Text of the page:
Alexander Ivakhnik, political analyst
Liz Truss has become the new British Prime Minister. In our country, she was impressed by the belligerent statements as head of the Foreign Ministry regarding Russian actions in Ukraine and the poor knowledge of Russian geography shown in Moscow. In the European Union, she is perceived as an inflexible, uncompromising politician, which is worrisome due to the unresolved post-Brexit issues, especially in Northern Ireland. But even in Britain itself, the election of no leader of the Conservative Party, perhaps, was not met with such skepticism. Although Truss managed to win over rival Rishi Sunak in the Tory rank-and-file campaign thanks to a major promise of massive tax cuts, the resulting gap between them (57% to 43%) was much smaller than predicted.
As for the British in general, among them Liz Truss, to put it mildly, is not popular. A snap poll by YouGov on Monday found that 55% of residents are disappointed with Truss becoming the new prime minister (including 33% who are very disappointed), while only 22% are satisfied. Only 12% of Britons expect Truss to be a 'good or great leader', while 52% think she will be a 'bad or terrible leader'. Only 14% believe that she will run the country better than Boris Johnson.
Truss, 47, entered politics early, but her political path has been quite tortuous. As a girl, her left-wing parents took her to violent demonstrations against Margaret Thatcher's policies. In her youth Truss joined the centrist Liberal Democrats and, while studying at Oxford, led the party's student organization and even publicly advocated the abolition of the monarchy (I wonder if she recalled this during an audience with the Queen?). After Oxford, she worked as an accountant in large companies and at the same time was imbued with the ideas of the conservatives. On the third try, Truss was elected to parliament in 2010. Ever since then, she has been known as an adherent of the free market and the "small state". And Thatcher became a role model for her not only in behavior (decisiveness and uncompromisingness), but also in clothes. Having first entered the cabinet back in 2014, Truss has accumulated a diverse range of government experience, but has not been noted for great success. Curiously, before the 2016 referendum, she advocated maintaining EU membership, but after Brexit she became a zealous supporter of it. She received her last post - Minister of Foreign Affairs - a year ago. Although even then there were rumors about her leadership ambitions, outwardly she remained loyal to Johnson to the end.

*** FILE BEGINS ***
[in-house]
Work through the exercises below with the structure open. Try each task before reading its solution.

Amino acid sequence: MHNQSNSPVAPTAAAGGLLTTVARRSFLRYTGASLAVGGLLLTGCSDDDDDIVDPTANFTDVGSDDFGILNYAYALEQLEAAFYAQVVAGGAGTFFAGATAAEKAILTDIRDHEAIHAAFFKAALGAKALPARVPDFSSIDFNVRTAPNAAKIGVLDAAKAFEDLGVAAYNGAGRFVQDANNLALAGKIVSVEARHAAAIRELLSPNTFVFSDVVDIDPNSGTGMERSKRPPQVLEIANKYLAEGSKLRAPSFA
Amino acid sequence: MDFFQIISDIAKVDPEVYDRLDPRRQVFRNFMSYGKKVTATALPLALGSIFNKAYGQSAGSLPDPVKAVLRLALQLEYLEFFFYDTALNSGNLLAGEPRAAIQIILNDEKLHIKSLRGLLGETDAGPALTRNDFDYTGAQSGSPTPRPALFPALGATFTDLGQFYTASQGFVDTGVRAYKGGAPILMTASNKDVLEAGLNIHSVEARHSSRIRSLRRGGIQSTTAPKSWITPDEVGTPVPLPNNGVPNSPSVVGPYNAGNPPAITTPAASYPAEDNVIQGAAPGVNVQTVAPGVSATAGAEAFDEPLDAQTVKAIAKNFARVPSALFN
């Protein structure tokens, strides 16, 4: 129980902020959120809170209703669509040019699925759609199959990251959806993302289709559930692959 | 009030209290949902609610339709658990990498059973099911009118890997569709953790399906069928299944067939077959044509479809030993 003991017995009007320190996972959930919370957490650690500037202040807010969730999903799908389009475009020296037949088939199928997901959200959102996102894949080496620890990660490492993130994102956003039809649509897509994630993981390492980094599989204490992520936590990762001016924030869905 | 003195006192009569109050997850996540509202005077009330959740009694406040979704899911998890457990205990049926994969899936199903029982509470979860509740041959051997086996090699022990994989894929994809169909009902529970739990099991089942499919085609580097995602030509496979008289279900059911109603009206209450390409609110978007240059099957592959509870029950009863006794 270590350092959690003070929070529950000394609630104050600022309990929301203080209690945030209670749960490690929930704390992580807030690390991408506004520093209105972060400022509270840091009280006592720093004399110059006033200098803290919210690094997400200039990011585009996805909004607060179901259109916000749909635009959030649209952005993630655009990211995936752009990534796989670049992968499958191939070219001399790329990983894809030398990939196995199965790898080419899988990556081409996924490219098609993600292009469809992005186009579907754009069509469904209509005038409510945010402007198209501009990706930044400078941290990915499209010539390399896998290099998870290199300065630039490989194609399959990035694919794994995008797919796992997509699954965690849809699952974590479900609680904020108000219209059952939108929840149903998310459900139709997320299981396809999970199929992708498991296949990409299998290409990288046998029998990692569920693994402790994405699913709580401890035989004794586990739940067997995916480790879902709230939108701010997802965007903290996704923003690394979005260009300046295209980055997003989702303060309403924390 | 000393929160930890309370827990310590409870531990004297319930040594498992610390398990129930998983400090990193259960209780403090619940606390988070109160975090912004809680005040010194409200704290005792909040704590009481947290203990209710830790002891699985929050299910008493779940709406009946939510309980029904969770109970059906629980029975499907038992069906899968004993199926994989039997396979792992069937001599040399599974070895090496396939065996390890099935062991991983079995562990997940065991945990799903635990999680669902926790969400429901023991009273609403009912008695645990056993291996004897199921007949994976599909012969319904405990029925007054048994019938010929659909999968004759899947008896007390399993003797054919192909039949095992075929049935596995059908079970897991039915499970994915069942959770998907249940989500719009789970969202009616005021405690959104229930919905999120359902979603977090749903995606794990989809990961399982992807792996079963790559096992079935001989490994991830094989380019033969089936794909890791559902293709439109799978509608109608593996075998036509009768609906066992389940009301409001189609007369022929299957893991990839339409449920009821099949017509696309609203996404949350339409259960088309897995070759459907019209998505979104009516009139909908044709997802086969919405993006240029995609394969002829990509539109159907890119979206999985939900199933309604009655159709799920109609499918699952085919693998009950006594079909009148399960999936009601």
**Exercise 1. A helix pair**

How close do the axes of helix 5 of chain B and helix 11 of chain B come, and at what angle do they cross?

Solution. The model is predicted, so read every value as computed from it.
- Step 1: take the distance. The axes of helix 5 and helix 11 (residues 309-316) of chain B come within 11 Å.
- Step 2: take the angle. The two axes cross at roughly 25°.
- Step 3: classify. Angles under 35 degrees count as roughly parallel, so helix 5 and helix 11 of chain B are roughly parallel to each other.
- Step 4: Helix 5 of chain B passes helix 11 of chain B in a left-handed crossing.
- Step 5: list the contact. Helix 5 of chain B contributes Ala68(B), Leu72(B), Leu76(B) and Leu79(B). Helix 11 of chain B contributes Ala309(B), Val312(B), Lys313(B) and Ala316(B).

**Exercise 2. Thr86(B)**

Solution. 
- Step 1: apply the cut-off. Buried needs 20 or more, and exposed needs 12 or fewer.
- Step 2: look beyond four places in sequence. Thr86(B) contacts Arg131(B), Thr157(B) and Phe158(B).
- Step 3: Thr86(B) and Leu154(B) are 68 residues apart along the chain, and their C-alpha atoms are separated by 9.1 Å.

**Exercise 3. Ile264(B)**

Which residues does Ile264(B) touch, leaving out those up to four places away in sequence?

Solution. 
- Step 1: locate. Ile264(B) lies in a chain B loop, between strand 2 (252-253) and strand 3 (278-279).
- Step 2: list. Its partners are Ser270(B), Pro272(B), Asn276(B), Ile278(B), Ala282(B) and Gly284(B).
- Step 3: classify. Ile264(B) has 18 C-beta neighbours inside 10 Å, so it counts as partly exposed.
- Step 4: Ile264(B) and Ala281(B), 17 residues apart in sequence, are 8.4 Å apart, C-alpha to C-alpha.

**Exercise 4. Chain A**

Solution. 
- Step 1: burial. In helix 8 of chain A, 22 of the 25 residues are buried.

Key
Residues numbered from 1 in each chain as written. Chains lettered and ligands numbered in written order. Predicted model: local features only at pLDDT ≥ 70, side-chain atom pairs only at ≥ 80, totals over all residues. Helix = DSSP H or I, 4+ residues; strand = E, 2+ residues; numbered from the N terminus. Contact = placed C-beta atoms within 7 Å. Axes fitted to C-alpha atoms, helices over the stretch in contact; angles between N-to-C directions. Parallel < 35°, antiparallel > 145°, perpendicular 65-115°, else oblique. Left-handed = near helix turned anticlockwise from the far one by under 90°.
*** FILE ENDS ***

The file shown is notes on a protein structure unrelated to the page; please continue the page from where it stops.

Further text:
Despite Truss's widespread distrust in British society and political circles, her Tory allies maintain that she is not a dogmatist, but a practical politician with a good political sense. Also, no one denies that she is characterized by energy, purposefulness and diligence. However, hard times await the new prime minister. Britain is experiencing the highest inflation in 40 years, and its economy is sliding into recession. Living standards have declined over the past year, primarily due to a sharp rise in energy bills. There is a wave of strikes across the country, especially among transport workers. A month ago, Truss declared that the key to solving all problems is in tax cuts, which will launch economic growth, and opposed financial "handouts" to the population. Now reality forces her to adjust her position. It is expected that one of these days it will announce plans for a general freeze in energy prices through borrowing in the financial market. This will ease the situation for households and companies, but is likely to further spur inflation. Serious problems await Trass on the political front as well. Uniting the ruling party after bitter internal struggles in recent months will be difficult. In the Tory parliamentary faction, the new prime minister has many ill-wishers who will take advantage of her inevitable mistakes and failures. And there are only two years left before the new general elections.